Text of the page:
The 100 most influential Africans (1-10)
The Africa Report’s top 10 Africans who control the levers of power across politics, business and the arts: from billionaire barons to unpredictable peacemakers and soft-power superstars.
1 – Aliko Dangote
He’s the richest black man in the world and Africa’s richest man, with an estimated wealth of $10.3bn. Within Nigeria, Senator Ben-Murray Bruce called him “more influential and powerful than (President Muhammadu) Buhari”. The billionaire’s latest project is a $10.5bn oil refinery that will be Africa’s largest, so Dangote will not be sitting on the sidelines when it comes to oil-sector reform debates there. He is investing in the continent’s manufacturing and agribusiness capacity, and plans to launch the long-awaited London IPO of Dangote Cement in late 2019. Meanwhile, his philanthropy is taking flight.
2 – Elon Musk
The yo-yoing of his company shares, his hirings and firings and off-the-wall tweets keep Musk in the headlines. He may be a maverick but his ideas are shaping the future, from reducing global warming with his electric cars to urban transportation on a cushion of air and plans to establish a colony on Mars. His Boring Company could help a boom in urban public transportation, and he is a big pessimist about the impact of AI. He donates to both the Democratic and Republican parties in the US, saying it is necessary to pay up in order to have a voice.
3 – Koos Bekker
Go-getter in Asia
When China-based Tencent sneezed in August 2018, Naspers share price caught a cold. It didn’t last long, but it showed how tied the fortunes of the South African media and entertainment behemoth are to its largest holding (Naspers owns 31% of the Chinese internet giant). Buying a stake in Tencent in 2001 makes Bekker the Buffett of Africa: the initial $32m investment has grown to $116bn since then, and Bekker famously waived a salary to get paid in stock options when he was CEO. With the bulk of South African pension funds invested heavily in Naspers and allegations of Gupta-style influencing in a 2017 broadcasting deal, Bekker said the company would work on its transparency at the 2018 annual general meeting.
4 – Chimamanda Ngozi Adichie
The sun keeps rising
The Nigerian author-cum-public intellectual continues her stratospheric ascent and is as often seen behind a mic as in print these days – engaging audiences about racism, sexism and the human condition. She started the year 2018 slaying a French journalist for her lack of knowledge about Nigeria and ended it on stage with former US first lady Michelle Obama. Who’s next?
5 – Trevor Noah
One of the US’s most prominent voices critiquing the presidency of Donald Trump, Noah has brought millennial-inspired thinking and an astute outsider’s view to The Daily Show and taught some Americans that Africa is not a country. With the renewal of his contract in 2017 his job is secure until 2022, which will carry him through the febrile US election season. He is also quite funny.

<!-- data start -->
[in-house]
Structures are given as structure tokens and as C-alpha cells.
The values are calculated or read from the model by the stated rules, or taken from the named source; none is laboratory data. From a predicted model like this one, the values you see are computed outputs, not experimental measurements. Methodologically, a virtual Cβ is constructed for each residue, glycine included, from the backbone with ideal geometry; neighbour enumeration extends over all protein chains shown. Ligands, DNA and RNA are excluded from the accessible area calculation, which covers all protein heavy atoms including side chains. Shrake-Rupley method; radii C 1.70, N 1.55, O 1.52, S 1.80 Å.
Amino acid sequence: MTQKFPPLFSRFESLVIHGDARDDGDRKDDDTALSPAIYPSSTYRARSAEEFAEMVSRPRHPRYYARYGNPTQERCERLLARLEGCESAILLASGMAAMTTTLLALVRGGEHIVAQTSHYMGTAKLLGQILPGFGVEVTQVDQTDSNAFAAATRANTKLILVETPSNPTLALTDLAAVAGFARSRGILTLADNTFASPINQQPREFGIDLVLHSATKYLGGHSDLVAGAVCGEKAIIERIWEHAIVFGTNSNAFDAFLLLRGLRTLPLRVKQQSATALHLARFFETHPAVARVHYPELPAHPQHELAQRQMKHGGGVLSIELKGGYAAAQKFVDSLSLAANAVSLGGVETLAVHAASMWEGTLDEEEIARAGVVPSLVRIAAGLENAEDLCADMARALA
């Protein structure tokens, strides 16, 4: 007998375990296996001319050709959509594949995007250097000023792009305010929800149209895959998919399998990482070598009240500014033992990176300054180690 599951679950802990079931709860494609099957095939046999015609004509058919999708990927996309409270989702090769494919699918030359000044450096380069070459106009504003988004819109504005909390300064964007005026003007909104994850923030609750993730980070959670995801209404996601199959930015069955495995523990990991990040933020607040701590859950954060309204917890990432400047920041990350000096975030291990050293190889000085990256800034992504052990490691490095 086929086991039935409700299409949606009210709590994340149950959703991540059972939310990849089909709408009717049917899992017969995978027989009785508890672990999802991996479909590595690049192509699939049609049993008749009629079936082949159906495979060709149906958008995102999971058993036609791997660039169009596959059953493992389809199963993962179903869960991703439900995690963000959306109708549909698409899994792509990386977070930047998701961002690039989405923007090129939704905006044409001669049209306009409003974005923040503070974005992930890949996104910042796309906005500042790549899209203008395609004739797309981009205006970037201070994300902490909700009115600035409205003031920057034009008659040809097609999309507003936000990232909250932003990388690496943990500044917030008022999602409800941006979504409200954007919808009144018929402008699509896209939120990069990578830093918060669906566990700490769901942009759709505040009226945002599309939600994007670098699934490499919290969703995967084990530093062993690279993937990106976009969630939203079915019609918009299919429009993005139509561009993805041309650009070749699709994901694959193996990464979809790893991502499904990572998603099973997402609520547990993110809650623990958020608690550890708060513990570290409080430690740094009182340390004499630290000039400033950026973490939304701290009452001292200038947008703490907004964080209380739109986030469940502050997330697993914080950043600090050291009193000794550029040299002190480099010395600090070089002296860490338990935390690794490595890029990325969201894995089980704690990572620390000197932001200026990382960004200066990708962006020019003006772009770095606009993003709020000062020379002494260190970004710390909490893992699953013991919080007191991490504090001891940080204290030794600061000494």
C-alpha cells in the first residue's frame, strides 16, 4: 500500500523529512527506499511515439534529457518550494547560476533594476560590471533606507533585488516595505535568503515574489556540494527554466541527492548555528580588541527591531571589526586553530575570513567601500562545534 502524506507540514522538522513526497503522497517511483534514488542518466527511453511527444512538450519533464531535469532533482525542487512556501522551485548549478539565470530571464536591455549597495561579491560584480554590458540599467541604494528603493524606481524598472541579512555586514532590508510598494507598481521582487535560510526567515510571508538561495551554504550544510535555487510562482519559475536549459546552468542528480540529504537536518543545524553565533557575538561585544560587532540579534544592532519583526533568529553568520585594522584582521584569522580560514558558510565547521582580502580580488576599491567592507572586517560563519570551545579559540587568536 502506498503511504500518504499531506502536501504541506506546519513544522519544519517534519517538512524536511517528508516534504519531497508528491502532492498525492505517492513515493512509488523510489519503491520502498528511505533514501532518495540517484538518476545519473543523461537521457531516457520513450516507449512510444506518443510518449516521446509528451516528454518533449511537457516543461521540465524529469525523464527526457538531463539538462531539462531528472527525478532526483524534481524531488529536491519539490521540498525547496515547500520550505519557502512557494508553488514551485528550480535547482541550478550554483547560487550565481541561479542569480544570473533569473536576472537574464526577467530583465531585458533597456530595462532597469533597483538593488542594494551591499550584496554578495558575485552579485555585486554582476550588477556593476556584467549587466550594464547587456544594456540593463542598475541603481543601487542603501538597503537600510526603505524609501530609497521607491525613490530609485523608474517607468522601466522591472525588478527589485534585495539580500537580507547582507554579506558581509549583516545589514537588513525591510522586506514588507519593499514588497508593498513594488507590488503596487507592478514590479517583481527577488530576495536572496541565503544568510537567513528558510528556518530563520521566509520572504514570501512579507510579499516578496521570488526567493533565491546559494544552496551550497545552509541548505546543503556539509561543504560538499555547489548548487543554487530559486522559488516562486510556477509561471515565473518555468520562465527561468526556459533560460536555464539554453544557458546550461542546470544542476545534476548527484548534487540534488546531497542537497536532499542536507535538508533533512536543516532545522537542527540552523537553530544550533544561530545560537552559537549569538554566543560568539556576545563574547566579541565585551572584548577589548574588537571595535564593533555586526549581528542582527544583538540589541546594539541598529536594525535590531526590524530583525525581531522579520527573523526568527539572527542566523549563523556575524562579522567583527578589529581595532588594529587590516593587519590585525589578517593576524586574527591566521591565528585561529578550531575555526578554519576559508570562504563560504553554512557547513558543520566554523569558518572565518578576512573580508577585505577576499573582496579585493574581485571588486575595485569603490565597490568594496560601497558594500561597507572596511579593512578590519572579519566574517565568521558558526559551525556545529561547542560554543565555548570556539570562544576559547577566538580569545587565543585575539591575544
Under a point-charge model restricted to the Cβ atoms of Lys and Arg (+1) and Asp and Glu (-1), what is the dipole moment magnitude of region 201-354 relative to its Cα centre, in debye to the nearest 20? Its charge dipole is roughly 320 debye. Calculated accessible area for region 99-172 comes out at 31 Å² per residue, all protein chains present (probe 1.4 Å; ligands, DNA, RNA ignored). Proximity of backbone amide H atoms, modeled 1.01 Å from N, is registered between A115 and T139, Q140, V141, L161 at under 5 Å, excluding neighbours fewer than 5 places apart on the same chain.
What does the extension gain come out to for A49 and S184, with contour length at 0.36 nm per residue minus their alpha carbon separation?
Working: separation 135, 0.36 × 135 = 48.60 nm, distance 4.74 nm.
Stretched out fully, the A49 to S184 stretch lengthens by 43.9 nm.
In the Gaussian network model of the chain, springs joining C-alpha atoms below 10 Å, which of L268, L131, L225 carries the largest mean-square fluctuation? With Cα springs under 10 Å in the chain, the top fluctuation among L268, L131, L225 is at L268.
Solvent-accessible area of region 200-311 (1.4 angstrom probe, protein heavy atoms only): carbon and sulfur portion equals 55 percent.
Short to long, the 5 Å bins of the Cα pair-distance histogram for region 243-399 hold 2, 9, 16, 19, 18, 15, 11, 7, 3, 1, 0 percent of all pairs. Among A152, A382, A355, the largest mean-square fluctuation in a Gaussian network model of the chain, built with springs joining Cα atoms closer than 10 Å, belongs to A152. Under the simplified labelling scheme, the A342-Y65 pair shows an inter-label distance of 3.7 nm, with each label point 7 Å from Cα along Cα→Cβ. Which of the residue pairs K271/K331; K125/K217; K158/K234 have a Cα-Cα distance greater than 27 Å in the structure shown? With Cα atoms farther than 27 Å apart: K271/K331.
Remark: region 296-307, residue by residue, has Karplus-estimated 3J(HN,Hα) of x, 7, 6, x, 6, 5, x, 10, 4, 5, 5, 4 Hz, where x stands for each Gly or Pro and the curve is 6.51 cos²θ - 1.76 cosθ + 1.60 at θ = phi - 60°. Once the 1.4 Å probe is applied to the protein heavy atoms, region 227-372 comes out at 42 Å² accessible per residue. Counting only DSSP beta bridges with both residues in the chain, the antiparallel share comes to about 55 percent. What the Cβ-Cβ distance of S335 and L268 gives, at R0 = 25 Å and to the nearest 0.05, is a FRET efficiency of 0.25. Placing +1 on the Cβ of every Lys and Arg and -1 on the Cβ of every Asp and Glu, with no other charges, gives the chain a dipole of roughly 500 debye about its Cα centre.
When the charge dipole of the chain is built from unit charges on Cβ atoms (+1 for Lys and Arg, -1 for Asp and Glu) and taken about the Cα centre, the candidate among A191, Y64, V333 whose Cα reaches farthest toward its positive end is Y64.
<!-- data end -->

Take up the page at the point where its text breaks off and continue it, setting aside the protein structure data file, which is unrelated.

6 – Tidjane Thiam
Thiam’s turnaround of Credit Suisse since 2016 has left bankers and analysts awestruck. Ignoring naysayers, the Ivorian CEO relegated the derivatives traders and recast the bank as a wealth-management operation focusing on emerging markets. He explained his view to Euromoney: “This is a fabulous bank. Or let me be more precise: it has always had a fabulous bank within it.” But it faces big blowback for its role in the Mozambique tuna bond scandal.
7 – Davido
Naija pop idol
He has riches (he’s worth $16m), good looks, fast cars and political clout. Using his music to inspire Nigerians to vote in the 2019 elections, he also lent his star appeal to presidential candidate Atiku Abubakar’s campaign, seriously upstaging the 72-year-old politician. His next act will be to crack the tough US market, with his eyes set on a gig at Madison Square Garden, having filled the 15,000-seat O2 Arena in London in January.
8 – Enoch Adeboye
In 2017 Pastor Adeboye’s resignation from leading his five-million-member church in Nigeria was greeted with dismay by congregations around the country. Nigeria’s highest-profile pastor, who numbers the Nigerian vice-president Yemi Osinbajo among his followers, had to step down from running the domestic operations of the church he had built up almost from scratch after a new law put a 20-year cap and 70-year-old age limit on the leadership of non-profit organisations. Adeboye could have argued that The Redeemed Christian Church of God was not, strictly speaking, “non-profit”, with Forbes quoting the net worth of the man born into poverty at €39m, but he chose not to.
9 – Kumi Naidoo
Appointed as secretary general of Amnesty International in August 2018, Naidoo was a youth activist in apartheid South Africa and the first African head of Greenpeace. By making clear the link between environmental crimes and human rights abuses, Naidoo heralds a new era for Amnesty, widening its focus from political prisoners to indigenous peoples and everyone in between. “We need to redefine what it means to be a strong leader. Because strong leaders don’t bully activists. Yet that is exactly what is happening with a global crackdown on NGOs. We need to see less vitriol and more compassion from our leaders,” he explained on Twitter.
10 – Abiy Ahmed
Catapulted into office in April 2018 by the resignation of Prime Minister Hailemariam Desalegn, Abiy has made a huge splash at home and internationally. In 11 months, he has made peace with Eritrea, released 60,000 political prisoners, calmed ethnic tensions, signed multimillion-dollar infrastructure deals with China, started liberalising the economy, persuaded diaspora Ethiopians to contribute $2.4m to a trust fund, filled his cabinet with women, diffused a potential military coup by doing press-ups with soldiers… and the list goes on.